Steve, honestly, why do you bother? I mean, I know in the grand scheme of things we’re all wasting our time here, but really, why?

And by the way, it automatically says your name at the bottom of your comment, so there’s no need to sign it again.

12

Uncle Kvetch 05.15.06 at 11:14 am

I assume the “Iran is a great place” thread is archived…could someone please send me a link? I must have been out of town.

13

Barry 05.15.06 at 12:48 pm

Chris, you’re confused. And since trying to unconfuse you would probably be impossible, I won’t try. Steve, it’s pretty clear from your post that ‘reality-based’ is not something that you’d understand, so please stand in the corner with Steve. Here’s a big, pointy hat to wear in that corner.

Uncle Kvetch, it’s archived in Steve’s imagination.

14

josh 05.15.06 at 1:13 pm

In response to 7: there is a chance, I suppose — but it seems very unlikely, from what I know of the man. And there’s no evidence. As I said, the basis for the charge seems to be Jahanbegloo’s attendance of conferences in the West, including ones sponsored for the National Endowment for Democracy — which is of course a US gov’t operation. But that really does seem to be it.
One might also note that there have been a number of cases where individuals have been detained in Iran as suspected foreign agents, and have proven to be innocent.
It’s also worthwhile to note that he’s been going to these conferences, and talking with these American academics and democracy-promotion people, for years; but he was only arrested after criticising Ahmadinejad for denying the Holocaust.
Meeting with foreign scholars and criticising Holocaust denial don’t seem to me to be much of a basis for being charged with espionage.
Oh, and Steve, Chris — way to go for using this as an occasion for trying to score cheap political points.

15

abb1 05.16.06 at 2:08 am

Any chance that he is an agent?

Why, in the ‘you’re either with us or against us’ paradigm he certainly is.

16

Zephania 05.17.06 at 4:05 am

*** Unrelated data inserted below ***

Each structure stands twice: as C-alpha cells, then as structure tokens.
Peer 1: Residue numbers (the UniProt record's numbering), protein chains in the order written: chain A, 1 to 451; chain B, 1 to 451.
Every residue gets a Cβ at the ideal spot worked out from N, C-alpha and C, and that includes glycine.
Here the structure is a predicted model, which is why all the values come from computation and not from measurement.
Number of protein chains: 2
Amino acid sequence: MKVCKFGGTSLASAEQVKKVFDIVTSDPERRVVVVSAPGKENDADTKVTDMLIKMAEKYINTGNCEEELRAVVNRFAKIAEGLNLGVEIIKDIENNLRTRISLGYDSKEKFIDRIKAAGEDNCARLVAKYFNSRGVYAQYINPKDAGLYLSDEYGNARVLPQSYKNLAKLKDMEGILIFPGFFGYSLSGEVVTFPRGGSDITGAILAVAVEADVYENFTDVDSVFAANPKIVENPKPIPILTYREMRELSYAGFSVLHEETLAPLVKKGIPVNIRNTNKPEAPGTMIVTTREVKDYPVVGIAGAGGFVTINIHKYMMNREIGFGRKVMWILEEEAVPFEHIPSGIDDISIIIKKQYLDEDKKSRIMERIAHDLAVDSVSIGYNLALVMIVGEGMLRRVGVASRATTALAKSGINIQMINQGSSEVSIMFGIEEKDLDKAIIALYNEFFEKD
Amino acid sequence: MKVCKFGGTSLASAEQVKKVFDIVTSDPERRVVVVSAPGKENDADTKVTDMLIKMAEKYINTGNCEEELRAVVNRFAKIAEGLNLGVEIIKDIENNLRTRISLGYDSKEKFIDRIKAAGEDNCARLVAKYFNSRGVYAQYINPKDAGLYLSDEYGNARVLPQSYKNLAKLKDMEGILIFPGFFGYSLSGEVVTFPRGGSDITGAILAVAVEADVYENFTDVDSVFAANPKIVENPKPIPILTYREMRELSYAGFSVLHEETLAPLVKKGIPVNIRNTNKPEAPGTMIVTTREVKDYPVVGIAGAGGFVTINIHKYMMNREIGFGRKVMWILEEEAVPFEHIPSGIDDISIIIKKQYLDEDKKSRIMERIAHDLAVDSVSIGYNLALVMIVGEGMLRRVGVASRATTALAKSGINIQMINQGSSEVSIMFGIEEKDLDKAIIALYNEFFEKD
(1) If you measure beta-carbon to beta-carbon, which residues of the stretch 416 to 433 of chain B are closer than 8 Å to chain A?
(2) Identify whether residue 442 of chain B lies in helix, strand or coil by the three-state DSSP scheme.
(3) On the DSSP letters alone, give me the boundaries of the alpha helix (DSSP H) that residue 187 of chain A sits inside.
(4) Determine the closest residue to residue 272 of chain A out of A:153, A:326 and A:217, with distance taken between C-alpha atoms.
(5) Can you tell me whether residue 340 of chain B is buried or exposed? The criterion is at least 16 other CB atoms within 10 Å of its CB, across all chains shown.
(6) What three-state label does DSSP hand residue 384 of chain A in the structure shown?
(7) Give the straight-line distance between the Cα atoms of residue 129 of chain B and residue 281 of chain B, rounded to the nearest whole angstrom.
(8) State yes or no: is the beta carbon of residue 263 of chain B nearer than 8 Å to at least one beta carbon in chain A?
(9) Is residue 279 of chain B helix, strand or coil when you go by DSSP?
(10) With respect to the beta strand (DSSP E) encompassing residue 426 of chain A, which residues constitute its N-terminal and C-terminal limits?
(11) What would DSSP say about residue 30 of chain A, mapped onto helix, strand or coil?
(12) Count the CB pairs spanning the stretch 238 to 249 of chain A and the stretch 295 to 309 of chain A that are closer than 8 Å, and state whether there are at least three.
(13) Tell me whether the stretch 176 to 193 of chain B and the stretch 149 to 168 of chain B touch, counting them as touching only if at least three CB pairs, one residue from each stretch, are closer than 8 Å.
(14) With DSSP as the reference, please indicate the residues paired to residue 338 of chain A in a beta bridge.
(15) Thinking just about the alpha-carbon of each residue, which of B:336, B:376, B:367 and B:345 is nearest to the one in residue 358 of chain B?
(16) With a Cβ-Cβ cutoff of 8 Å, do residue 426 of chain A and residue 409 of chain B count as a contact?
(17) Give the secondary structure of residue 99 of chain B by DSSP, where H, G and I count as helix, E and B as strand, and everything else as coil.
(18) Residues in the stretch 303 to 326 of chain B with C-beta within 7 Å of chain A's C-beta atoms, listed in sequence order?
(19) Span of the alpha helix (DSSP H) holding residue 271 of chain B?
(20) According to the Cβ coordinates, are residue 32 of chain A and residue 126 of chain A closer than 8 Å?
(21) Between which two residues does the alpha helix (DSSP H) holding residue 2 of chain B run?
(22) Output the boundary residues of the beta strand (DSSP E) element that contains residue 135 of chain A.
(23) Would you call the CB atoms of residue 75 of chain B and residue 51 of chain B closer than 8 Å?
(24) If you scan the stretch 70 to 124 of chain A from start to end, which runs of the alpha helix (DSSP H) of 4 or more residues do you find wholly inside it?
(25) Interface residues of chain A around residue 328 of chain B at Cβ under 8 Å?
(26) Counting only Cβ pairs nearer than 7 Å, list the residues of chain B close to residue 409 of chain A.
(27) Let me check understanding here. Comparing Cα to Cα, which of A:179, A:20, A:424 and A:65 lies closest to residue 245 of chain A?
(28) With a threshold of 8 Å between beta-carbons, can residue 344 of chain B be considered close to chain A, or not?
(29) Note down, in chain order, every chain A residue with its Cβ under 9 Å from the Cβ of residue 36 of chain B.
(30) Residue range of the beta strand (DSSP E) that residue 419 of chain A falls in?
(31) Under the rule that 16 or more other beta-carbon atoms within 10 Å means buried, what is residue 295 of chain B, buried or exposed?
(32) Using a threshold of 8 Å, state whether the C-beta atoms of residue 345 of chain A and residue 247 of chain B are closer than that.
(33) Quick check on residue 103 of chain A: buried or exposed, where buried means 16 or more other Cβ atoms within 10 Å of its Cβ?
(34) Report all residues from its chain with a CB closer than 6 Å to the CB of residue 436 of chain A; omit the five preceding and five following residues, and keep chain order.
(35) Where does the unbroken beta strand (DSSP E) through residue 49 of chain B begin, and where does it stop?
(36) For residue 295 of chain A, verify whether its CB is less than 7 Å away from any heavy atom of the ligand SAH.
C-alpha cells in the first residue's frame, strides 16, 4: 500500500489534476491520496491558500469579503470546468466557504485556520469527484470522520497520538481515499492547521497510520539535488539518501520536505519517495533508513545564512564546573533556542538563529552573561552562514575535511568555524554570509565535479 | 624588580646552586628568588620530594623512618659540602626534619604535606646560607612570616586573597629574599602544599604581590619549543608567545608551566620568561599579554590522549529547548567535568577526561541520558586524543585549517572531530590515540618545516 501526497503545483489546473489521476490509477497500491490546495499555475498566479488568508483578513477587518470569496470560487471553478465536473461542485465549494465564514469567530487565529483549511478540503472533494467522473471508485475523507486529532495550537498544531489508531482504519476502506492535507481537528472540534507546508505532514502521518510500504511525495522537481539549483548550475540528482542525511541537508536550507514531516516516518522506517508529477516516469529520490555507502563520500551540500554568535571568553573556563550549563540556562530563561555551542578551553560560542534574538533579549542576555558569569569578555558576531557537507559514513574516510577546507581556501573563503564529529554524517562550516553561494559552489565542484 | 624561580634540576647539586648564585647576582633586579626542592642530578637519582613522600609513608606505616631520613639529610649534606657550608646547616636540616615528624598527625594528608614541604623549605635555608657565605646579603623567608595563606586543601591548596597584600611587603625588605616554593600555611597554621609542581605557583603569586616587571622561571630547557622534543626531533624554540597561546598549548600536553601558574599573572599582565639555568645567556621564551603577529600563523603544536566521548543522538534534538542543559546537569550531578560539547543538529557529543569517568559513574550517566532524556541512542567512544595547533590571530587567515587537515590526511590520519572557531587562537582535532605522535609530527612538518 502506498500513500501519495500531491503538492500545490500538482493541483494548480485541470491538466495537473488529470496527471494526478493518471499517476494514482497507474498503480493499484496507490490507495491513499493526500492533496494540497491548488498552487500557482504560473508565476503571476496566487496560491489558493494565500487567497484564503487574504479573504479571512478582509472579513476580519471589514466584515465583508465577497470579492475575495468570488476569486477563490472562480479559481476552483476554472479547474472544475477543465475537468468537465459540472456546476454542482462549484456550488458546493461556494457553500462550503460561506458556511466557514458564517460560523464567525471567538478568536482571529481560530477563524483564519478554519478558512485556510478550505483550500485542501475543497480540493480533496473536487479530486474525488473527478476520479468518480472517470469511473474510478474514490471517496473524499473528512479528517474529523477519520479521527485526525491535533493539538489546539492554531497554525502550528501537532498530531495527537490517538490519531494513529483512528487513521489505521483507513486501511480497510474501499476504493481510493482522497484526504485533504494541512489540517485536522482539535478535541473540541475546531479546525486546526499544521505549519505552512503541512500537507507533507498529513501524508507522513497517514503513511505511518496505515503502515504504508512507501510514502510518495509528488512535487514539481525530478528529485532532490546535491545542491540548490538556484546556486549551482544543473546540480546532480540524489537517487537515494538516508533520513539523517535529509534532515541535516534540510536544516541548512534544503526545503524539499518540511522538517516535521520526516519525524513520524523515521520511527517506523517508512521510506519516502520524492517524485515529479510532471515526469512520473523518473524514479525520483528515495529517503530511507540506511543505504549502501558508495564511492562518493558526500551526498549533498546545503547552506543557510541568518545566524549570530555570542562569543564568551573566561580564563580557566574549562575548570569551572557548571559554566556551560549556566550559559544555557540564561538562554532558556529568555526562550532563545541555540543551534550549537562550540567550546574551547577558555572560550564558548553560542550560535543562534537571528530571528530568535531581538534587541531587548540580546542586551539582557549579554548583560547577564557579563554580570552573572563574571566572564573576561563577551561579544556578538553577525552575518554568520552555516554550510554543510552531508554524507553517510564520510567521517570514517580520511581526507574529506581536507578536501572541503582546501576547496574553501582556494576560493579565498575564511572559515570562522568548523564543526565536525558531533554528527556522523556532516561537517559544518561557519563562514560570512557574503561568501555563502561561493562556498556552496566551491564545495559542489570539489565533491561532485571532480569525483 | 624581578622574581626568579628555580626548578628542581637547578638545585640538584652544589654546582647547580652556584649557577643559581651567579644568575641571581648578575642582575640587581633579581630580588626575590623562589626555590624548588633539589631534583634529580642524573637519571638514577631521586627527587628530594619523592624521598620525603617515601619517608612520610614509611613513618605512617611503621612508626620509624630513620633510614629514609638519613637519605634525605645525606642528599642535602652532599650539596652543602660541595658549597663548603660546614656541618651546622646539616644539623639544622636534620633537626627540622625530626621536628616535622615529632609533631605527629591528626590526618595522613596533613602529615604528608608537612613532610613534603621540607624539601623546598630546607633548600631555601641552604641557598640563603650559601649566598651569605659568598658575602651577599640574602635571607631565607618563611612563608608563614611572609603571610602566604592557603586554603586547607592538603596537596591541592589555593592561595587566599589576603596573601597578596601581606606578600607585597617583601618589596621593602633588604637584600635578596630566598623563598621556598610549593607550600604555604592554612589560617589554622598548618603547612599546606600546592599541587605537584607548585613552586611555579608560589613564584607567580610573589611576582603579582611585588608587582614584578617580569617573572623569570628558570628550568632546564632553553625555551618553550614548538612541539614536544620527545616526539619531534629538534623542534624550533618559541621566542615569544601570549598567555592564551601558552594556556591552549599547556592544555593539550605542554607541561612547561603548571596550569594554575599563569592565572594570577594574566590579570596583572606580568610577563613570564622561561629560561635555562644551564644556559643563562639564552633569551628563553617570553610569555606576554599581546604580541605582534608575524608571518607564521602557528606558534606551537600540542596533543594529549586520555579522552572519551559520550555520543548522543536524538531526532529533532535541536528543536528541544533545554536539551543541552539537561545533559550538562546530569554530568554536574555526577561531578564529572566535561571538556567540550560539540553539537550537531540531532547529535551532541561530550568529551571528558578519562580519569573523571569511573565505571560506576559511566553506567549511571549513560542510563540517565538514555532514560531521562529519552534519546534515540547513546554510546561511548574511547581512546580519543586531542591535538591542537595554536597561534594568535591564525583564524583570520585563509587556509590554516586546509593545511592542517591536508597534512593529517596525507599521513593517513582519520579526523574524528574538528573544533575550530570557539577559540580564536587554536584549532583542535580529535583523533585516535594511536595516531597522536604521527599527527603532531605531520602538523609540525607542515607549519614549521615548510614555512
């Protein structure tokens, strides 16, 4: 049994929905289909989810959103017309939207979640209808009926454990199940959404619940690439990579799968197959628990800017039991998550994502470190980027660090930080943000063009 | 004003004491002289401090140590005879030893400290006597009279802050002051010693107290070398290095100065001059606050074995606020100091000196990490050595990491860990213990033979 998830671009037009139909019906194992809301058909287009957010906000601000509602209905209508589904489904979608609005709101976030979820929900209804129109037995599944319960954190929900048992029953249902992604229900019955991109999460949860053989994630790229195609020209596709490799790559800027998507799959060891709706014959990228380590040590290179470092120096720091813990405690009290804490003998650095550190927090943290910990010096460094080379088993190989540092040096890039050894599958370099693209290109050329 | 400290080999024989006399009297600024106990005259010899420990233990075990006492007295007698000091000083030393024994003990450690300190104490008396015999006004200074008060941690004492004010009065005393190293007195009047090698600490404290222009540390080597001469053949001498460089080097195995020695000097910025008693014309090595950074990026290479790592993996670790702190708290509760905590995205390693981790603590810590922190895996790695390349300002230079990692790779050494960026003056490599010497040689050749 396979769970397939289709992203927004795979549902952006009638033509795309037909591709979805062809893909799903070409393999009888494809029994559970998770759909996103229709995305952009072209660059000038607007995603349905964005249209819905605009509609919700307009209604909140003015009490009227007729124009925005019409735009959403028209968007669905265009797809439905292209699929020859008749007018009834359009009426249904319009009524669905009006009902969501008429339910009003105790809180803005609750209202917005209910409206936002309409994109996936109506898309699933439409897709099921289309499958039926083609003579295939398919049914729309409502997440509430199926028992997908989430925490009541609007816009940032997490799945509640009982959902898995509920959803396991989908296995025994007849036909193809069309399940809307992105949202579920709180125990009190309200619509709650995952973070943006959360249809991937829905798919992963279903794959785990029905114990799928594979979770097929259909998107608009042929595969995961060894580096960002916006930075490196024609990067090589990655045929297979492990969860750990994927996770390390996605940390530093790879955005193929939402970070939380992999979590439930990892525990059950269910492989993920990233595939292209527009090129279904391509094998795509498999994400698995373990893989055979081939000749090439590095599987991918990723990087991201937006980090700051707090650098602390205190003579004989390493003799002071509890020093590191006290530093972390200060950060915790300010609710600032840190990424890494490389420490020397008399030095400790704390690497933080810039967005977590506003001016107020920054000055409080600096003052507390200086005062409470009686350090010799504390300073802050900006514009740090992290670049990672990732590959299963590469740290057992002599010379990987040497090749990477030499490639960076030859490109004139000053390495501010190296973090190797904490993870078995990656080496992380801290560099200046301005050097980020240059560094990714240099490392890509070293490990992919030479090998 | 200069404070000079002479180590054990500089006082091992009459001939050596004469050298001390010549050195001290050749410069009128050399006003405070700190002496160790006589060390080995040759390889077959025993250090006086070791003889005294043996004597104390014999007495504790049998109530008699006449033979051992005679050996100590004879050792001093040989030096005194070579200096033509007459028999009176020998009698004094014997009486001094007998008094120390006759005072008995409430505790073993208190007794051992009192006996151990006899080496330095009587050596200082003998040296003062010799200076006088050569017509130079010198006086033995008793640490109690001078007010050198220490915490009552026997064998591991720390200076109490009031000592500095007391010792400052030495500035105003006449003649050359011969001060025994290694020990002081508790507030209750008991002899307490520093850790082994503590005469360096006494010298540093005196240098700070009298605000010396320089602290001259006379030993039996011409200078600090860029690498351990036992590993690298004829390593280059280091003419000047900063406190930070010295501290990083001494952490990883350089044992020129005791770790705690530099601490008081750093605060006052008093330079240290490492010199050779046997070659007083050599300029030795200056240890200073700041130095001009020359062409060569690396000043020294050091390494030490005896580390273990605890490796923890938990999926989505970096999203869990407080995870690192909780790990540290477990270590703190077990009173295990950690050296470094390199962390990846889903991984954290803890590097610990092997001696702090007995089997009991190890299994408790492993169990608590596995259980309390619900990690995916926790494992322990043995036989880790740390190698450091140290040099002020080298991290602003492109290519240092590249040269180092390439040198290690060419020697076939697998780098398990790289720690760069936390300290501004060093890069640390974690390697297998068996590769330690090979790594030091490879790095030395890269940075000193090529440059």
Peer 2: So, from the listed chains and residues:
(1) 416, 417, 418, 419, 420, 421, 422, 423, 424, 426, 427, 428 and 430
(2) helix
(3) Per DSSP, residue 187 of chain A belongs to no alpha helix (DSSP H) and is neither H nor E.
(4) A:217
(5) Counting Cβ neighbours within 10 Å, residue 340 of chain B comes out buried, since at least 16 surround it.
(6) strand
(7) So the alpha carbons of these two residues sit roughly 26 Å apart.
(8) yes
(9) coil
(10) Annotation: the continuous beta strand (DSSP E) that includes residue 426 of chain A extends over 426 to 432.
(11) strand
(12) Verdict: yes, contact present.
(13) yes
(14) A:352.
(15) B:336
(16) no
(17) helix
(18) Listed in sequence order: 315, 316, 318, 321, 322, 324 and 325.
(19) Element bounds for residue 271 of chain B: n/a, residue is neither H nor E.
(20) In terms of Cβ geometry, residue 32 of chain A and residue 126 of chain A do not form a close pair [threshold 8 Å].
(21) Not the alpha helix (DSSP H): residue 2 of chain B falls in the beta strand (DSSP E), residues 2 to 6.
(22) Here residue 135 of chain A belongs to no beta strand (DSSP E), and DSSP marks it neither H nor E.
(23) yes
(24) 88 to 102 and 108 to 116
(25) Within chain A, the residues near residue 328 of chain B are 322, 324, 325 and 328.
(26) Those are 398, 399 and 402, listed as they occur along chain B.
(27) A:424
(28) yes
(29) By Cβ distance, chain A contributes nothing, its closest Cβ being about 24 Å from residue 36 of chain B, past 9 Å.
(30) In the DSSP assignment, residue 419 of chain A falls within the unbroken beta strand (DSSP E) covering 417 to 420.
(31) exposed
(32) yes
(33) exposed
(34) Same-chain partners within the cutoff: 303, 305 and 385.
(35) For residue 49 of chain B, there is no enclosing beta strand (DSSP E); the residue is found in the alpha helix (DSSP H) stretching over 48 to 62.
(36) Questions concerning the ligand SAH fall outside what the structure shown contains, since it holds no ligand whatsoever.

Hi abb1

Usually, one pointless academic is much the same as another: what makes him so different?

What has he done to upset ’em?

17

abb1 05.17.06 at 7:14 am

Hi Zephania.
I have no idea.

What had Tariq Ramadan done to the American “’em” to have his visa revoked?

18

Renee Levant 05.18.06 at 11:55 pm

The discussion here is a good one.

The key here is that we must take this case seriously…AND we must take it IN CONTEXT.

If you believe Iran is an evil empire about to develop nuclear weapons and destroy the American way of life….then this action is seen in that context.

If you believe that the US is attempting to dominate the Middle East both militarily and ideological and conducting a war against all who support palestinian independence..well, then this action is seen in that context.

The attempt to make this simply and solely about this Iranian/ Canadiian citizen and scholar and his treatment outside of the broader issues is fallacious.

Regardless of whether one is on the left, right, center, undecided or on some periphery of these positions matters one should recognize that there is nothing simple or neutral here.

I am not neutral. *smile*

I wish there was as much outcry about the jailing and/or firing and/or deportation of Arab scholars in the US such as Sami Al-Arian as ther eis about this scholar. I see neither as more important.
As a US Citizen I am more concerned at the moment about how MY government is engaged in and supporting torture than what Iran may be doing. I am also more concerned about the torture of the entire population of the West Bank than just ONE Iranian (IF he is being tortured and assuming he is innocent… two assumptions which few American scholars really have the basis to assess either way!)

The issue of academic freedom **should be**politically neutral. In theory, whether the professor is right, left or center is not relevant to the issue. However, in the current situation the “right to academic freedom” in Iran and questions about the treatment of prisoners in Iran cannot be separated from current US tensions, US actions against Iran and other nations, US secret prisons and US attempts to eliinate SOME Arab and Islamic voices nationally and internationally and the so called “war against terror”.

The principled stance or support letter must include a condemnation of the SAME sort practices in the US and by the US government around the world.

Best

Renee Levant

19

Zephania 05.19.06 at 5:19 am

Hi abb1

Freedom of speech and thought are incompatible with democracy. Perhaps he indulged in the former?